Pharmacotherapy for schizophrenia: Side effect management
- Stephen Marder, MD
Stephen Marder, MD
- Section Editor — Psychotic Disorders
- Professor of Psychiatry
- Semel Institute of Neuroscience at UCLA
- T. Scott Stroup, MD, MPH
T. Scott Stroup, MD, MPH
- Professor of Psychiatry
- Columbia University
Schizophrenia is a severe disorder involving chronic or recurrent psychosis and long-term deterioration in functioning . It is among the most disabling and economically catastrophic disorders, ranked by the World Health Organization as one of the top 10 illnesses contributing to the global burden of disease .
Antipsychotic medications are first-line medication treatment for schizophrenia. They have been shown in clinical trials to be effective in treating symptoms and behaviors associated with the disorder. The optimal medication, dose, and route of administration vary according to stage of illness, individual patient characteristics, and the clinical situation.
Antipsychotic medications have significant side effects, which influence selection among them. A table shows the side effect profiles of individual antipsychotics (table 1). Assessment for these side effects and management of them are essential parts of schizophrenia treatment.
This topic addresses the management of side effects during pharmacotherapy for schizophrenia. Pharmacotherapy for schizophrenia during acute and maintenance phase treatment is discussed separately. The clinical presentation, epidemiology, clinical manifestations, and diagnosis of schizophrenia are discussed separately. Common comorbid presentations of schizophrenia and an overview other psychotic disorders are also discussed separately. (See "Pharmacotherapy for schizophrenia: Acute and maintenance phase treatment" and "Schizophrenia: Clinical manifestations, course, assessment, and diagnosis" and "Anxiety in schizophrenia" and "Depression in schizophrenia" and "Co-occurring schizophrenia and substance use disorder: Epidemiology, pathogenesis, clinical manifestations, course, assessment and diagnosis" and "Clinical manifestations, differential diagnosis, and initial management of psychosis in adults".)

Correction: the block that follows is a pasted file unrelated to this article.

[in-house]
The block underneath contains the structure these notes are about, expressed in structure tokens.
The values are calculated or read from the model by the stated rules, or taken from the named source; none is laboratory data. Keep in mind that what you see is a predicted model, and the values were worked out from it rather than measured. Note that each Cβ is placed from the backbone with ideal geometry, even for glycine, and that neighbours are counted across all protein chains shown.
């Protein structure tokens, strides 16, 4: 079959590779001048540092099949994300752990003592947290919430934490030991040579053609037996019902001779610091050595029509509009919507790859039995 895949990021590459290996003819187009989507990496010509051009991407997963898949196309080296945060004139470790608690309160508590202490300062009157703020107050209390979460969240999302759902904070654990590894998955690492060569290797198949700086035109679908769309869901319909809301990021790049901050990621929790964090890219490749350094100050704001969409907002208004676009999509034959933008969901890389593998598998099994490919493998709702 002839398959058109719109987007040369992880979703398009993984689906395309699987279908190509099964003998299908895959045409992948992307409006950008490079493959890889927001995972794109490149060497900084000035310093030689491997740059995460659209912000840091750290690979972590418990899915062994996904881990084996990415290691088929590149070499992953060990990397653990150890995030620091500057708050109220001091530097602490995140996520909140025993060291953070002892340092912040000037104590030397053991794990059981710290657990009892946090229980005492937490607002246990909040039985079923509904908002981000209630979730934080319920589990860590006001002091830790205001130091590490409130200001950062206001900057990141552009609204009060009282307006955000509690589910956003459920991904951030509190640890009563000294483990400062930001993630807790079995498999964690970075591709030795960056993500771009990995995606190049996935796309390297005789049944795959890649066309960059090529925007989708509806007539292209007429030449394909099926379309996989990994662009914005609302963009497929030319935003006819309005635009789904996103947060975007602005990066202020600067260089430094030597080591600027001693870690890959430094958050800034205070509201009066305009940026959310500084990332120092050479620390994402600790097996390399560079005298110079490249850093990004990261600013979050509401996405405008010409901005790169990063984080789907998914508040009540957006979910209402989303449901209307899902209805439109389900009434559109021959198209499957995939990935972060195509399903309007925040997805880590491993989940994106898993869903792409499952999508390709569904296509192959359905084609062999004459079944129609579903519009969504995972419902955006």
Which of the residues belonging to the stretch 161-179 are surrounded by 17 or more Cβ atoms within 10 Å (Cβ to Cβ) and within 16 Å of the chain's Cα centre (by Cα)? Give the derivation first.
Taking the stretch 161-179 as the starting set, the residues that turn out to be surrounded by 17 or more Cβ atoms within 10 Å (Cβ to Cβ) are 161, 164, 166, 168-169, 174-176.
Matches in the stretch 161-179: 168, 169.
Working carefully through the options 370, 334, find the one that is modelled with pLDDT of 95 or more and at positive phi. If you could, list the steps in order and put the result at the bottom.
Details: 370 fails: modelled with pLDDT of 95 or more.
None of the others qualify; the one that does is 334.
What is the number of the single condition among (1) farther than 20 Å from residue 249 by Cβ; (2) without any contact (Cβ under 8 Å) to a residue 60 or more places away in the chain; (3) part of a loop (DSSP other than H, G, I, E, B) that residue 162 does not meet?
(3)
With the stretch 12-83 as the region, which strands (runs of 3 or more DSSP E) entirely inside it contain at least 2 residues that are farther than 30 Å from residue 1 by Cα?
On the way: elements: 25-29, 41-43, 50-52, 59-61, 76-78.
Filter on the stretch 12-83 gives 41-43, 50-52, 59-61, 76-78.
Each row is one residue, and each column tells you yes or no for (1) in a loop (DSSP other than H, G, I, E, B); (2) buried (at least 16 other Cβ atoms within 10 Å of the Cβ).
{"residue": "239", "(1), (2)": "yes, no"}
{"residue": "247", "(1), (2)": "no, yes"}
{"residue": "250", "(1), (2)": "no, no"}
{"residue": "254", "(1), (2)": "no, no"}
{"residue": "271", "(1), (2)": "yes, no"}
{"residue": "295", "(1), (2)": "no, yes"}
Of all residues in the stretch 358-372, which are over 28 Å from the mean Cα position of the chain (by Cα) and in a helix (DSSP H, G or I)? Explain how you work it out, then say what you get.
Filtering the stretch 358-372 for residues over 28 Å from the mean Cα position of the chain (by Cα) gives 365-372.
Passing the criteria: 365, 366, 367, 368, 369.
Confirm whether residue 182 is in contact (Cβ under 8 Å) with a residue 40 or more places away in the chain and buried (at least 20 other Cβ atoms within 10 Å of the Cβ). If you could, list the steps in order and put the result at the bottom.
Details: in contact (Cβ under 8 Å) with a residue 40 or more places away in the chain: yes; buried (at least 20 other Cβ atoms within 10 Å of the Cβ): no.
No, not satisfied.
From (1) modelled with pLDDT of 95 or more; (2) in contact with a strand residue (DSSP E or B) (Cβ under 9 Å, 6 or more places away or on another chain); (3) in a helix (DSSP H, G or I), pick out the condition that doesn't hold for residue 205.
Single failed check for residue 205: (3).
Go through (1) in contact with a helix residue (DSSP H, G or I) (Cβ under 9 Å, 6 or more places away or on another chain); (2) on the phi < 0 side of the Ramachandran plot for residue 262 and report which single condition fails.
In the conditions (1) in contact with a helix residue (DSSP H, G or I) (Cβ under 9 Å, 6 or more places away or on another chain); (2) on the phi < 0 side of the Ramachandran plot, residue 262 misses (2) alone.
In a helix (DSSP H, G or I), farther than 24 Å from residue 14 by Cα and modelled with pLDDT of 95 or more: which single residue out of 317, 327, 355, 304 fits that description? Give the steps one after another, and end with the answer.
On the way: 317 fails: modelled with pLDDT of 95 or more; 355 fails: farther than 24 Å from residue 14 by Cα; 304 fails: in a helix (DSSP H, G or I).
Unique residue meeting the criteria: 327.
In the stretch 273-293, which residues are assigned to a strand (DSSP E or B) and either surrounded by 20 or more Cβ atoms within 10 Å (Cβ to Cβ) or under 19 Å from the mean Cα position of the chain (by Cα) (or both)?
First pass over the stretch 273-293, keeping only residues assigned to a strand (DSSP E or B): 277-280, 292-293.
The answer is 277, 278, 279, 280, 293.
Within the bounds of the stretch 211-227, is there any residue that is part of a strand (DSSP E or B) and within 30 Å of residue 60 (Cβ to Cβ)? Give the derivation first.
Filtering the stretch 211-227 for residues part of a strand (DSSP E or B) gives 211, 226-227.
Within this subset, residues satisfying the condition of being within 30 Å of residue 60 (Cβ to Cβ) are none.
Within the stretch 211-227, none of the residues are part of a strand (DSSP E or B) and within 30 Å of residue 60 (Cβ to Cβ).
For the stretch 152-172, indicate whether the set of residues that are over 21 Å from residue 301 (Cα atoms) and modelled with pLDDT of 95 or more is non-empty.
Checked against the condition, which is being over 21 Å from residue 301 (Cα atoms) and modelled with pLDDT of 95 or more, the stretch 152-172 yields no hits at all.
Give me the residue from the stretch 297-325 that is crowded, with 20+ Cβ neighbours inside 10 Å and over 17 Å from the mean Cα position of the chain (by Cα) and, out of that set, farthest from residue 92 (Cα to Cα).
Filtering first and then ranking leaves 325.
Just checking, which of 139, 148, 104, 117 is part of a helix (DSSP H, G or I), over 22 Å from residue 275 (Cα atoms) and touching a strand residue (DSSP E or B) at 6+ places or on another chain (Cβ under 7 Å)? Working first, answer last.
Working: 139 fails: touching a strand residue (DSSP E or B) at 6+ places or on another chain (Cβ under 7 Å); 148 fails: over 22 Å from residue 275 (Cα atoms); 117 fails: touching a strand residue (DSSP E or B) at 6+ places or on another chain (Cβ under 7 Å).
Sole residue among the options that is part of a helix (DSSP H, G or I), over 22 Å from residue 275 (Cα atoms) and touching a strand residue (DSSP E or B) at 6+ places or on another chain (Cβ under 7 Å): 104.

Patients receiving an antipsychotic should receive routine monitoring for manifestations of extrapyramidal symptoms (EPS), including akathisia, parkinsonism, and dystonias. All of the antipsychotic medications have the potential for causing EPS. They are common with some antipsychotics (eg, haloperidol, fluphenazine, thiothixene, and trifluoperazine), and uncommon with others (quetiapine, clozapine, and iloperidone).
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- EXTRAPYRAMIDAL SYMPTOMS
- Parkinsonian syndrome
- TARDIVE DYSKINESIA
- METABOLIC SIDE EFFECTS
- Clinical management
- - Behavioral weight loss interventions
- - Metformin
- PROLACTIN ELEVATION
- OTHER SIDE EFFECTS
- Orthostatic hypotension
- Neuroleptic malignant syndrome
- QT prolongation
- Sudden death
- Anticholinergic effects
- INFORMATION FOR PATIENTS
- SUMMARY AND RECOMMENDATIONS